Why you can’t cuddle your baby too much

Don’t let anyone tell you you’re spoiling your baby by constantly cuddling them.

26 January 2018
By Glynis Horning

Holding your baby close is something most moms want to do instinctively, especially in the first hours and days after birth, and in spite of what some may say about spoiling your child, science has your back.

1. Cuddling calms you

In a study at the Children’s National Health System Hospital in Washington DC in the US, which measured mothers’ stress levels before and after holding their babies skin-to-skin after birth, all experienced a drop in stress levels after cuddling. Researcher Dr Natalia Isaza noted it promotes the new mom’s overall well-being.

2. Cuddling calms your baby

There is strong evidence that newborns placed skin-to-skin with their moms straight after birth make the transition to life outside the womb with greater respiratory, temperature and glucose stability, says Dr Susan Annandale, a paediatrician in Vredenburg, Cape Town.  And a study in the journal Paediatrics found carrying a baby for a “significant portion” of the day reduced the fussiness and colicky symptoms that peak at six weeks. It also boosted the baby’s overall well-being.

3. Cuddling improves baby’s intelligence and behaviour

According US paediatric researcher Dr Raylene Phillips, “skin-to-skin contact activates the amygdala and contributes to the maturation of this vital brain structure”. Another study in Paediatrics found preemies held skin-to-skin in their first weeks were less inclined to hyperactivity and aggression in school, and had higher IQs and larger areas of grey matter in their brains 20 years later. They even earned higher wages. “I work with a lot of learning and behavioural problems,” says Dr Annandale. “And I feel that a baby’s emotional well-being often already starts in utero, and continues with the first skin-to-skin contact after birth.”

4. Cuddling helps you bond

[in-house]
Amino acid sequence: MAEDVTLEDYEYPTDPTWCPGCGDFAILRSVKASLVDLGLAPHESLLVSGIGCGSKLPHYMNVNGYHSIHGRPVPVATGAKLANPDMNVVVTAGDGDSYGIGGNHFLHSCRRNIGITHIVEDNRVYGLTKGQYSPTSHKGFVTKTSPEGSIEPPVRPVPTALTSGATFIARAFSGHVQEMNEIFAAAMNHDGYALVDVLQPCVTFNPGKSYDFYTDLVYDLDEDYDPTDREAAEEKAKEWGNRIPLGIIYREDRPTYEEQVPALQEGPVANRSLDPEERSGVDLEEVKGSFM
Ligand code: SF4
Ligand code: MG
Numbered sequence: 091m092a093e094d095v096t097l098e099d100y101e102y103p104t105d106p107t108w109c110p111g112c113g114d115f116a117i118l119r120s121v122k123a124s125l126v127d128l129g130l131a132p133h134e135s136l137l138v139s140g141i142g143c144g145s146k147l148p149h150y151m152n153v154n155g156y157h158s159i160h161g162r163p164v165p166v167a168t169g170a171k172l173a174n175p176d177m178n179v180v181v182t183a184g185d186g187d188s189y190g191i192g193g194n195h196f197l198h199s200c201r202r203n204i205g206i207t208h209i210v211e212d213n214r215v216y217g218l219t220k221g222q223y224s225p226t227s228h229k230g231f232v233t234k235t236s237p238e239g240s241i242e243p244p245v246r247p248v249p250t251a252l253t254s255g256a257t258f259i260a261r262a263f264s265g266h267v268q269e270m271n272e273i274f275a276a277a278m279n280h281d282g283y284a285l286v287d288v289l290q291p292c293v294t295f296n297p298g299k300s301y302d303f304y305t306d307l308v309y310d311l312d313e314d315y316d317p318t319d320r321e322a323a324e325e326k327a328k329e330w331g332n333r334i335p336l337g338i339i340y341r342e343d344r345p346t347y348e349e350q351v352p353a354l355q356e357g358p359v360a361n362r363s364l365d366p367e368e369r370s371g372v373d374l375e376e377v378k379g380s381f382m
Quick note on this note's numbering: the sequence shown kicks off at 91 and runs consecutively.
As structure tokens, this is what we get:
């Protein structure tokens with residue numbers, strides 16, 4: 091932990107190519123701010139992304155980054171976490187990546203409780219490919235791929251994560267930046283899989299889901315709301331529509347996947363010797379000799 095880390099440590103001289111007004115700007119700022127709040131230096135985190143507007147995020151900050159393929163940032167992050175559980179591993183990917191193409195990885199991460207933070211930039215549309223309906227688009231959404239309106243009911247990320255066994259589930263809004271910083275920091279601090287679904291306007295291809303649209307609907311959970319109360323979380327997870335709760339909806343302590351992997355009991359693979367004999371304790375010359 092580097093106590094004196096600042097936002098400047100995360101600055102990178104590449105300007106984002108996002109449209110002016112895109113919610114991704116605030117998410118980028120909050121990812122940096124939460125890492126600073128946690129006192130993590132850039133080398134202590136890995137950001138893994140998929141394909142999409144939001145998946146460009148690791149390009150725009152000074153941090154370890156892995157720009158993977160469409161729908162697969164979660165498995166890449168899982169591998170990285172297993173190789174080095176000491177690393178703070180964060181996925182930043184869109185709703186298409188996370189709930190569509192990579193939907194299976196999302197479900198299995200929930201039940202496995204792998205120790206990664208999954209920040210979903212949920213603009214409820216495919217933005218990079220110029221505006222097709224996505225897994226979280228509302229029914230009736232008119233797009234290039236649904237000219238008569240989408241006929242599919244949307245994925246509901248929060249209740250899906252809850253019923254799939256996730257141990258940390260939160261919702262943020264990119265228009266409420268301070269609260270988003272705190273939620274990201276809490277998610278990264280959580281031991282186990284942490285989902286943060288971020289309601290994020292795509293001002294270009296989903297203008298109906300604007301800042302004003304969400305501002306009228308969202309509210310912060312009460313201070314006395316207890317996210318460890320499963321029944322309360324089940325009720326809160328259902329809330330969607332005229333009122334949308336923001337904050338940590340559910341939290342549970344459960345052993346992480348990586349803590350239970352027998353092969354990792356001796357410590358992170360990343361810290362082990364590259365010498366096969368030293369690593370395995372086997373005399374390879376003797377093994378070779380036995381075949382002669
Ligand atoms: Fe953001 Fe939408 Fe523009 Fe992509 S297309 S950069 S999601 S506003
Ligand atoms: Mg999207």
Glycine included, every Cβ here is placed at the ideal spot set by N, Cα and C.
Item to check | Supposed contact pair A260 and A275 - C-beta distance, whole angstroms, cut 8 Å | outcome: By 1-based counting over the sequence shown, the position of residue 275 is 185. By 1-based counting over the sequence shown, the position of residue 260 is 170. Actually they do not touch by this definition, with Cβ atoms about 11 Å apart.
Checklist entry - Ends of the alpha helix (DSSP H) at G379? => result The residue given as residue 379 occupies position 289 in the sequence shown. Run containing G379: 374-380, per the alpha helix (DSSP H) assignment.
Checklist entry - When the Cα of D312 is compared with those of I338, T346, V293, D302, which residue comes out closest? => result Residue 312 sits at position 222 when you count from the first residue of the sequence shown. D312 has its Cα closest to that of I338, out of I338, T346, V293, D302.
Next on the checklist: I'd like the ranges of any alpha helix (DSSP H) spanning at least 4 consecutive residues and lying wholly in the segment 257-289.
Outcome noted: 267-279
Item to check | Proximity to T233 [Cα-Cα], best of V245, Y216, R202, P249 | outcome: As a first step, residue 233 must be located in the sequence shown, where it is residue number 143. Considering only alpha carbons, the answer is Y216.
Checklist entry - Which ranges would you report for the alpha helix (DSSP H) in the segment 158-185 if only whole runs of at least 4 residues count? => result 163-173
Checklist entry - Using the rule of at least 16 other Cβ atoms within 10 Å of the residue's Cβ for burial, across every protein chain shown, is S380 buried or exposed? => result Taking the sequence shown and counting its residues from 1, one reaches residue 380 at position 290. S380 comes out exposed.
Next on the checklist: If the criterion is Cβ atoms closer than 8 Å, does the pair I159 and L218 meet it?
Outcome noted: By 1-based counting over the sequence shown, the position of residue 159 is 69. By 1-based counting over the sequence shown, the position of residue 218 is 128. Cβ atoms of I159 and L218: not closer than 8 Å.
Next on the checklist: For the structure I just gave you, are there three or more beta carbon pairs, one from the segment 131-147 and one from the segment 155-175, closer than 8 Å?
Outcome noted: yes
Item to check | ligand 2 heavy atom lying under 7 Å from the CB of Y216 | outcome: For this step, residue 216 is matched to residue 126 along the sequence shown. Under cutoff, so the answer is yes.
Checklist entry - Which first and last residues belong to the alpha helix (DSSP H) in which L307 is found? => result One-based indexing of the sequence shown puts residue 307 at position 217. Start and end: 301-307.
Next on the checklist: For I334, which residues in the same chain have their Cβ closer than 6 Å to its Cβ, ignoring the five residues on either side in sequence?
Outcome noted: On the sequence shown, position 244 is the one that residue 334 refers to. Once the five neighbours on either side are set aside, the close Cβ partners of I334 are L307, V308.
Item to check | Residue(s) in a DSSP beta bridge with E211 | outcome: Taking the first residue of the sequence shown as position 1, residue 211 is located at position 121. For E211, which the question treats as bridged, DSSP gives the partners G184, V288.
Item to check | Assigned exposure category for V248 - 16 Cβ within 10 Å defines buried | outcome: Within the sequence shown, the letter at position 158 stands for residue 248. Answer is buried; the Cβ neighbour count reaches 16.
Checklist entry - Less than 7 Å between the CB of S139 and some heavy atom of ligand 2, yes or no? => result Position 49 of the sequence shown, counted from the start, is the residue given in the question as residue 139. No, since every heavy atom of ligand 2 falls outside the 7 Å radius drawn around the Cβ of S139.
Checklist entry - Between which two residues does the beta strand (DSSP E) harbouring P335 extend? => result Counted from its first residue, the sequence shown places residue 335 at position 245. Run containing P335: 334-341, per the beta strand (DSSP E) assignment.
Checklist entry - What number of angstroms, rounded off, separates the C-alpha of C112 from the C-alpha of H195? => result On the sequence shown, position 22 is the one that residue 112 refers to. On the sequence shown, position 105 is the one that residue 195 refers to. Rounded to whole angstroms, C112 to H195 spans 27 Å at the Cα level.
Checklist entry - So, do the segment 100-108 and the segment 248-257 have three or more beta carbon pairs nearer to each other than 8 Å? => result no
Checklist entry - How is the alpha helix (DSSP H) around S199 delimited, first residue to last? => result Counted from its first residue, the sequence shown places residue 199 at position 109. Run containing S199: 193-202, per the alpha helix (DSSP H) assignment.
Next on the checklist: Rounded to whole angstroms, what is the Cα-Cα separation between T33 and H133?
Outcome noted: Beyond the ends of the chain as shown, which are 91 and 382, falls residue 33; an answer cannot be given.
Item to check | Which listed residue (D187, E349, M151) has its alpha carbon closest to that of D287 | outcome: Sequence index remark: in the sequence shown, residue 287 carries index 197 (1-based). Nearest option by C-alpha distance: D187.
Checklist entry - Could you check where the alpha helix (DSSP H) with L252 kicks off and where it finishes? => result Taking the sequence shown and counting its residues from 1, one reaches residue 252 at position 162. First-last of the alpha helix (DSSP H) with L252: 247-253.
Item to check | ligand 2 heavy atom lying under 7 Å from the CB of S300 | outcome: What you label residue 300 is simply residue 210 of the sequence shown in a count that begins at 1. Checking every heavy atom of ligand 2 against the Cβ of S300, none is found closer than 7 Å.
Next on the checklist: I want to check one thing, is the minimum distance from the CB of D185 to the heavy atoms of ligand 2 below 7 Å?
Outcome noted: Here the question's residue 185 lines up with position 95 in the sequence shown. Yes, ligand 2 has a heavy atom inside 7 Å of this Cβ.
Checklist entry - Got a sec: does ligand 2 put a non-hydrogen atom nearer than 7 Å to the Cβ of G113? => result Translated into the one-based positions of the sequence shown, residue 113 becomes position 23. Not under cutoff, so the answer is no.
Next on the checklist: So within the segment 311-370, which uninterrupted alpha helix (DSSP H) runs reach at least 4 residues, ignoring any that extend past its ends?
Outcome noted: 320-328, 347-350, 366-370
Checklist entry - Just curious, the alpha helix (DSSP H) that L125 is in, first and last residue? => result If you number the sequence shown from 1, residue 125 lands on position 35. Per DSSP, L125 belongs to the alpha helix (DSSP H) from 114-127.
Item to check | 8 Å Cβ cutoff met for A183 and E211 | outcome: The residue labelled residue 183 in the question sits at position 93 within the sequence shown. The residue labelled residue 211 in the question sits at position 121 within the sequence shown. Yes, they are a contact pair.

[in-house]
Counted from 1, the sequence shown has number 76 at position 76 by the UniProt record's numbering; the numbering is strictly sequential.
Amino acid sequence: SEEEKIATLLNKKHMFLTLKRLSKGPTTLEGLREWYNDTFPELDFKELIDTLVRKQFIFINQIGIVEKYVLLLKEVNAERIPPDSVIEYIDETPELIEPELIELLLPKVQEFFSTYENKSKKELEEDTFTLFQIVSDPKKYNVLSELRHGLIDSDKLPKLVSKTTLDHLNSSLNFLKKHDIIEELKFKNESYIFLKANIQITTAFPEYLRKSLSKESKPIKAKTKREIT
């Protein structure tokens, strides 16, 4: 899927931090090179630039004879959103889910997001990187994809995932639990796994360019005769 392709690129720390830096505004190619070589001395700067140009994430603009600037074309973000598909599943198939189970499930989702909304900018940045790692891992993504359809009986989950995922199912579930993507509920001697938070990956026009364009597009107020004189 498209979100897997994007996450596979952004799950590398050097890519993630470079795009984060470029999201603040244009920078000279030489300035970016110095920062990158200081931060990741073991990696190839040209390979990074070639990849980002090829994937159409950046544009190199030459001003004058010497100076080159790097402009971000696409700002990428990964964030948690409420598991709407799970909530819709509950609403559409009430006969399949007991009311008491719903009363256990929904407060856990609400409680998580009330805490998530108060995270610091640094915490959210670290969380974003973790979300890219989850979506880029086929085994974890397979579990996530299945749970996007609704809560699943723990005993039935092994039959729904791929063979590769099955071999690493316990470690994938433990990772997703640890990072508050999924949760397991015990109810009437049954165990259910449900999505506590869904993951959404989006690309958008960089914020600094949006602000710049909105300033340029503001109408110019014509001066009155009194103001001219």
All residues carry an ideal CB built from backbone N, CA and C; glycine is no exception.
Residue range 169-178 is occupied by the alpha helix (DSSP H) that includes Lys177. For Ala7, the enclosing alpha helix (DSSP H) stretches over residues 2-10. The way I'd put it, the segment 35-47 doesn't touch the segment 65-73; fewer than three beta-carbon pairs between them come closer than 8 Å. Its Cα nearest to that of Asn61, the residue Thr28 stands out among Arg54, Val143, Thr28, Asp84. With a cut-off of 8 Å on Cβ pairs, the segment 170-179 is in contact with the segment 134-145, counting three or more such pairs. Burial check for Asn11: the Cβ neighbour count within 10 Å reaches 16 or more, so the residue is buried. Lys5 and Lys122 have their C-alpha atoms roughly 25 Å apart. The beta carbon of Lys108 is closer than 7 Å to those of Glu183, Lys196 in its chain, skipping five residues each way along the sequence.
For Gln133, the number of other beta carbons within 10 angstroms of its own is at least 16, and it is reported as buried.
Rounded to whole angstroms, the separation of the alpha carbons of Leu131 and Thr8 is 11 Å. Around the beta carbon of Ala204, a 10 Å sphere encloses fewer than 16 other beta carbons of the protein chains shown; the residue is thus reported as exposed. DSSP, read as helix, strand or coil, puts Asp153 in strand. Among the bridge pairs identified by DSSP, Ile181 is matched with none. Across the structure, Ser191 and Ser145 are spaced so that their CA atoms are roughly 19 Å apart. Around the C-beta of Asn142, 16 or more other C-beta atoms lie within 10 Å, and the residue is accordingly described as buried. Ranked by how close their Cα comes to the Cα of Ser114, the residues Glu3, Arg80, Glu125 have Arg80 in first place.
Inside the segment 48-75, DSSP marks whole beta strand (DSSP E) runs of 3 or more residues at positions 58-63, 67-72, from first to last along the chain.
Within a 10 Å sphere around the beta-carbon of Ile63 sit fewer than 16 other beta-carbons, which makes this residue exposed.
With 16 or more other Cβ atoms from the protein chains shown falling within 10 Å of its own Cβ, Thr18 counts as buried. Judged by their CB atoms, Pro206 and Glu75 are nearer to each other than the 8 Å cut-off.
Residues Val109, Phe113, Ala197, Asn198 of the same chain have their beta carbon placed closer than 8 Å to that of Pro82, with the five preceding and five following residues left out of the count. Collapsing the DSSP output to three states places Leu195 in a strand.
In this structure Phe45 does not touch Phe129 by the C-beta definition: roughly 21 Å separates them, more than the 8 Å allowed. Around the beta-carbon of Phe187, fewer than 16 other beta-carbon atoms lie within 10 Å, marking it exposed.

This is true not only for moms, but for dads, according to a US study, which looked at dads who held their babies to their chests after Caesarian deliveries.

5. Cuddling reduces baby’s stress

The babies in that study reportedly cried less, grew calmer, and reached a “peaceful, drowsy state” faster than babies place in cots near their dads. “More organised sleeping patterns are often sustained years later, and babies who were cuddled often also manage stress better when grow up,” says Dr Annandale.

6. Cuddling reduces baby’s pain

“Studies have also shown that babies who were breastfed during immunisations manifested shorter periods of crying and grimacing than those being held down by a nurse,” says Dr Annandale. “Bottle feeding and suckling on a dummy had some calming effect, but not to the same extent. Hospitalisation makes both parents and children feel scared and out of control. Having a parent present to hold a hand or give a hug during a procedure may help lessen the stress of the situation.”

7. Cuddling boosts baby’s immunity and your own

It raises the levels of oxytocin in both of you, and oxytocin strengthens immune systems by lowering your levels of the stress hormone cortisol, which can compromise immunity. “Regular cuddling has a positive effect on breast milk production and the duration of breastfeeding, and breast milk provides essential immunity to the baby,” says Annandale. “Give your baby love, warmth and breastfeeding.”

But take note

“If your baby wants to be held continuously, there may be a medical problem like oesophageal reflux disease or a urinary tract or ear infection,’ says Dr Annandale. Take him for a check-up.

IMAGE CREDIT: Getty Images